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“Tests that are available now are culturally or linguistically biased,” says Laida Restrepo, associate professor in the department of speech and hearing science.
“They are based on experience. So if you don’t know the vocabulary or if you don’t know the forms that others are using, you are penalized. Because these children don’t have the same experiences as English-speaking children or may not have the advantage of a highly literate environment, a screener is needed that recognizes these differences.”
Shelley Gray, a speech and hearing associate professor in the College of Liberal Arts and Sciences is on Restrepo’s team, along with Joanna Gorin, assistant professor in the Mary Lou Fulton College of Education.
“With the current instruments, children are not being accurately identified. When children are tested outside of their native language with improper tools, it raises an issue of validity,” says Gorin, an expert in educational assessment design and analysis.
The team will develop dynamic tasks for the screener that will control for experience and culture.
“We are developing tasks that evaluate language and evaluate abilities that could contribute to the problem a child’s having. Dynamic learning tasks assess how your brain is functioning while you learn the new material. And that is different than most tests that evaluate knowledge at one point in time. But dynamic learning tasks actually allow you to watch children learn something new and see the problem by the mistakes a child makes, or the amount of effort it takes for the task,” notes Gray.
Gorin will help create the new screening measure in Spanish working with Spanish language items, for children ages four to eight, generated by Restrepo and Gray. She said this unique collaboration exemplifies the benefit of leveraging expert knowledge from different disciplines.
“This is an exciting project for me because it really hits on my primary emphasis, which is merging substantive theory with assessment design and analysis. So few projects I work on can do that,” Gorin says. “It’s incredibly important to start out with a well-specified model of what you’re trying to measure or it’s basically going to have a lot of noise and error in it.”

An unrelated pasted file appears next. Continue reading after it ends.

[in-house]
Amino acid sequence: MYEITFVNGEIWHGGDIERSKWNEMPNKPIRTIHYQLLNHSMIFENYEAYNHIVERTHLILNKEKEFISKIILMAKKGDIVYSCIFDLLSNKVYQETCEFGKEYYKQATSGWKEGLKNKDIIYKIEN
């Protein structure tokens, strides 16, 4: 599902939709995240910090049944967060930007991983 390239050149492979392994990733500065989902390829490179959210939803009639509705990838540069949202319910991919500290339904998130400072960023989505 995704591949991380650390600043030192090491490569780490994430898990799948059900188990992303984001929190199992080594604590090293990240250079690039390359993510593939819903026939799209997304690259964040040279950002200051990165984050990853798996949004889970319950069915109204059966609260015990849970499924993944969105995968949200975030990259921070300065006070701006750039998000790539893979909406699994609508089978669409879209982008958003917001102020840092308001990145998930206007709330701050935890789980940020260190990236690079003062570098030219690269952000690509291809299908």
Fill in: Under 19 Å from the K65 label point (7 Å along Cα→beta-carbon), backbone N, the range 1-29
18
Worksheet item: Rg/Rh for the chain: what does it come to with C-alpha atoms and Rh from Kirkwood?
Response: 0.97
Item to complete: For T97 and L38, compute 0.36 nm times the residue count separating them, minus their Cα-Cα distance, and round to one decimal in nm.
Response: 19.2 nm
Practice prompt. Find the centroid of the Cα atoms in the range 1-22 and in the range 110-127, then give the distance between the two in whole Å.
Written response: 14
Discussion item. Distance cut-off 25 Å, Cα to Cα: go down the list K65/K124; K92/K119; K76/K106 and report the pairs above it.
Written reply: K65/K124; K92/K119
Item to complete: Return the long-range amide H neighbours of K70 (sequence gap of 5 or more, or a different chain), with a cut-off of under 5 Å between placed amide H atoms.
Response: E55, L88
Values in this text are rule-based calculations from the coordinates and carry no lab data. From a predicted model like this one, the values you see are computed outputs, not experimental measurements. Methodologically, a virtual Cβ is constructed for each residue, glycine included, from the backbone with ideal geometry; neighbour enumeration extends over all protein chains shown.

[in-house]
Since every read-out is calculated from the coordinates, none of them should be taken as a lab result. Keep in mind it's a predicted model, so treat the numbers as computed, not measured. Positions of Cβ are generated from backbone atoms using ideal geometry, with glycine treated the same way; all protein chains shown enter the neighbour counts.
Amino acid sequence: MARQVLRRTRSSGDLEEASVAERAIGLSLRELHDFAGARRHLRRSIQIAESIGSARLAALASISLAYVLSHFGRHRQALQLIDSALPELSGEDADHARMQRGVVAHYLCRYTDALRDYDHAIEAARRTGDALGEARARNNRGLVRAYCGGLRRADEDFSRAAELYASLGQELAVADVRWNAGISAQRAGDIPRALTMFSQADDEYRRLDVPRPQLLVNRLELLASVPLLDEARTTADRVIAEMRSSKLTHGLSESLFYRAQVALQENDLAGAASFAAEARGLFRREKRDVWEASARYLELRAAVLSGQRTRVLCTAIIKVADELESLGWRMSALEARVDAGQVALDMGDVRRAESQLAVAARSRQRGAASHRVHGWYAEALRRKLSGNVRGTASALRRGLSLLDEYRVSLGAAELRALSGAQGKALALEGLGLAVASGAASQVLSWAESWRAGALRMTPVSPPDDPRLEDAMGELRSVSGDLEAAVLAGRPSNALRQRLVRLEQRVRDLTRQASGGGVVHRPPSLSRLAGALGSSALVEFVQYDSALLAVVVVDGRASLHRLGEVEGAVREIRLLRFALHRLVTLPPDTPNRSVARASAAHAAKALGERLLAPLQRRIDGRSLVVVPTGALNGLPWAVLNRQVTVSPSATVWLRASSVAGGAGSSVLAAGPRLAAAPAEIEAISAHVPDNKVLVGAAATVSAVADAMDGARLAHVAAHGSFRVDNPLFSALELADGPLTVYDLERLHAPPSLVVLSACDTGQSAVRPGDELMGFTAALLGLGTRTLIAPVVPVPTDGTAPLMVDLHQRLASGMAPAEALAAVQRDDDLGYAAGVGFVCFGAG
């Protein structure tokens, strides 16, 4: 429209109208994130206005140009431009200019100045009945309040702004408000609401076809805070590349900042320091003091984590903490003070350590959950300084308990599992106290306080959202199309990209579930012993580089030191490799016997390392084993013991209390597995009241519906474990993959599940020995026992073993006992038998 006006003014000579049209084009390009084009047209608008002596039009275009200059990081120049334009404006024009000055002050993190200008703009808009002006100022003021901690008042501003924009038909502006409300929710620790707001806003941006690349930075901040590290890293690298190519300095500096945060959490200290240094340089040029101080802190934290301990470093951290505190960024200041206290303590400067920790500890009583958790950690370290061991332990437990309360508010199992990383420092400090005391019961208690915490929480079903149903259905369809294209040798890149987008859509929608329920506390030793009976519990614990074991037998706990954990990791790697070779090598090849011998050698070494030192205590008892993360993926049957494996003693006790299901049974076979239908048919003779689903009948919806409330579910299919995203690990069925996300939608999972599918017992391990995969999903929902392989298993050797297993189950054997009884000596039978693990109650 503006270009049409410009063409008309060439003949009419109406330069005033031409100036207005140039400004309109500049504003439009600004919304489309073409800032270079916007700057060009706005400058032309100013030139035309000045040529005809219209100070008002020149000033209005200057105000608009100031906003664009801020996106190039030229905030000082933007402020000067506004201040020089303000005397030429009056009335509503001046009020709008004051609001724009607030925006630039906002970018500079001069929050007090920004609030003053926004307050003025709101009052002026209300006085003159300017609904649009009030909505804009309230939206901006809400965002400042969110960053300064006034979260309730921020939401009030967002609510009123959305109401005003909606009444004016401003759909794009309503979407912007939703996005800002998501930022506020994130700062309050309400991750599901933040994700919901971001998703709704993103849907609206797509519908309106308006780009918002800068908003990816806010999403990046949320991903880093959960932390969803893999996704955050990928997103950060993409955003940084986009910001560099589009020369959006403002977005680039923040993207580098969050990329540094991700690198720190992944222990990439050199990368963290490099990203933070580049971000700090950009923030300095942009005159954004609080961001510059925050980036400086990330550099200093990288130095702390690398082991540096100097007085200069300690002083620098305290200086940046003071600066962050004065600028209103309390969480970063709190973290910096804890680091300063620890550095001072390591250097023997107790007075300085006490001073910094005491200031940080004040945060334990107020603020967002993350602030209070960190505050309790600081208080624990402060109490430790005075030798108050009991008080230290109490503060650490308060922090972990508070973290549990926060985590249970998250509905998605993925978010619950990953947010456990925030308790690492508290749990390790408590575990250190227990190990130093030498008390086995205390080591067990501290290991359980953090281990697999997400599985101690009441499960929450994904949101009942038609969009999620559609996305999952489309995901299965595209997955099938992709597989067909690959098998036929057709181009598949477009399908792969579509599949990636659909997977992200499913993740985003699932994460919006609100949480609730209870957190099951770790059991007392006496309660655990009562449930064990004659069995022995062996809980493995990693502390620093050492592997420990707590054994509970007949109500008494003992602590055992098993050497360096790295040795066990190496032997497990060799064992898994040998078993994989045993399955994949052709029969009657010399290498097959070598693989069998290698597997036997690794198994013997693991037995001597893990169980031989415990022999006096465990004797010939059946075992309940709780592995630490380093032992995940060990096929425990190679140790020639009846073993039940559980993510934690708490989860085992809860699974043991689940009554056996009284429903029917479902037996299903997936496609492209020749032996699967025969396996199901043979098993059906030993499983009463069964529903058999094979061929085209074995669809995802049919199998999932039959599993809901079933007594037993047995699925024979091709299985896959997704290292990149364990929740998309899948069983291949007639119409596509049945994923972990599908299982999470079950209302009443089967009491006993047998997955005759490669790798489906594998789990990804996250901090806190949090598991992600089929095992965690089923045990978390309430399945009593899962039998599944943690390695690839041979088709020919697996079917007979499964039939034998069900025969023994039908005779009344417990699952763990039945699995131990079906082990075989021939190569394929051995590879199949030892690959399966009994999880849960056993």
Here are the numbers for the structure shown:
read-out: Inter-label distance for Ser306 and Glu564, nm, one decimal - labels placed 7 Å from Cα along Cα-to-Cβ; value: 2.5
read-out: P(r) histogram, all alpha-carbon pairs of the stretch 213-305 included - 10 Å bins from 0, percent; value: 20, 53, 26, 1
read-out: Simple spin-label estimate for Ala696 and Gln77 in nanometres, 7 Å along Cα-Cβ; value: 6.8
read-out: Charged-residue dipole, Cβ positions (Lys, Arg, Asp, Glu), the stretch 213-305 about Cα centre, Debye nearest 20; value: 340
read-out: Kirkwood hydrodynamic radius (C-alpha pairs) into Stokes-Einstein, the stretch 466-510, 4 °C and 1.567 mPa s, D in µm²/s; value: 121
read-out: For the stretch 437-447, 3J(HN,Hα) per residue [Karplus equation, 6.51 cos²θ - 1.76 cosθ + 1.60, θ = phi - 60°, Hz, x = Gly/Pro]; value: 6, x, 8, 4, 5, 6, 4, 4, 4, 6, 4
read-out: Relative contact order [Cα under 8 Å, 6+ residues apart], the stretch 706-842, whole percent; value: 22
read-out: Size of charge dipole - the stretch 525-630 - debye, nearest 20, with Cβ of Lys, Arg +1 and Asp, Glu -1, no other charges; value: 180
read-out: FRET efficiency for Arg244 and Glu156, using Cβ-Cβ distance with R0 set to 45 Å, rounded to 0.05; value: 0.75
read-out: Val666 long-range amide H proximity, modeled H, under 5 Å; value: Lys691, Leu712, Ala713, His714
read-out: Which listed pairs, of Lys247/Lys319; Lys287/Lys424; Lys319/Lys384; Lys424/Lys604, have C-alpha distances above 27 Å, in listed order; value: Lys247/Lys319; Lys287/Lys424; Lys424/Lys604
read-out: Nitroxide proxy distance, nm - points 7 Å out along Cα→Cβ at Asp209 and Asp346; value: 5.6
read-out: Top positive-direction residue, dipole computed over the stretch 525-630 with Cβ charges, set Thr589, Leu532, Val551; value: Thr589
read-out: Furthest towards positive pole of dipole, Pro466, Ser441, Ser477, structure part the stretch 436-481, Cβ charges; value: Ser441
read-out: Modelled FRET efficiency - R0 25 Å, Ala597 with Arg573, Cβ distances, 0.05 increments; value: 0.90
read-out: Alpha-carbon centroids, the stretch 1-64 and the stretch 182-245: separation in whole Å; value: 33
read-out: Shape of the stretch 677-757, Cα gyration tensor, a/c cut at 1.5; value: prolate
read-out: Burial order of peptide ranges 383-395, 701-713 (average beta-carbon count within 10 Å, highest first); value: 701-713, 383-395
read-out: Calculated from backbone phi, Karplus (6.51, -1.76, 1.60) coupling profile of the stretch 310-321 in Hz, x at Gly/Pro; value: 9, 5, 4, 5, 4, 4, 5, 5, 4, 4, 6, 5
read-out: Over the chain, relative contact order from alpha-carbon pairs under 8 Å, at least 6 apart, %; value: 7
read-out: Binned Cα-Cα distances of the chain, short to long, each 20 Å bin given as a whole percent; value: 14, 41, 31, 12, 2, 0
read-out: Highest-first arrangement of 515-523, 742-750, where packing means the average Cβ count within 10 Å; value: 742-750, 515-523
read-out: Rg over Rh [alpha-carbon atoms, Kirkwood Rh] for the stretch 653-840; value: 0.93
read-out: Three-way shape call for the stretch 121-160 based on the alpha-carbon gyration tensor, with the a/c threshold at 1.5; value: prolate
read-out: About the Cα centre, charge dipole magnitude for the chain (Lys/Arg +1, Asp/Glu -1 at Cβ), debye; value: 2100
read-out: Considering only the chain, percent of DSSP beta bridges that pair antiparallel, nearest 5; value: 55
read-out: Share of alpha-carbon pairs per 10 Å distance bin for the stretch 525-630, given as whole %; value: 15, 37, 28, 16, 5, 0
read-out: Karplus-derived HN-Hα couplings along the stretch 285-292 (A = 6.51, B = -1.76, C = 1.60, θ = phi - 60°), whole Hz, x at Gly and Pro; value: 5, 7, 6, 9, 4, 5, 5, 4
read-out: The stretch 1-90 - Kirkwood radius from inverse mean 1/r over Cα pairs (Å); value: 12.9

The goal is to design an assessment that is easy to administer and score by paraprofessionals in Arizona schools.
Notes Restrepo, “There are still not enough highly qualified bilingual personnel in Arizona schools. So often you have people with a high school degree working as a teacher’s aide or paraprofessional. We want them to be able to administer the screener easily, without requiring knowledge of technical information.”
The hope is to develop a universal screening tool for pre-kindergarten and kindergarten students across the United States and for speech-language pathologists to assess first- through-second-grade students who have been referred by teachers, physicians or parents.
The belief is that early and accurate identification of learning impairment risk will lead to timely evaluation, identification and treatment. As a result, English language learners can be more successful academically, which ultimately impacts academic achievement in U.S. schools.
“Often times we get referrals of Latino children who are already too far behind in their education. So this screener will help identify children at risk and provide them with services early and access the services they should be receiving,” says Restrepo.
Adds Gorin, “Pre-school and school aged children should be screened as soon as they go to school. It’s really important for early intervention. The earlier children that have disorders get help the better you can prevent children from failing in school, and as Laida said, it has clinical application and it has educational application for our own research and others as well.”
“As speech-pathologists know, there are no validated language screening measures available for Spanish-speaking children. Now there will be a tool that researchers and speech-language pathologists can use to identify children at risk for language impairment.”
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Mary Lou Fulton College of Education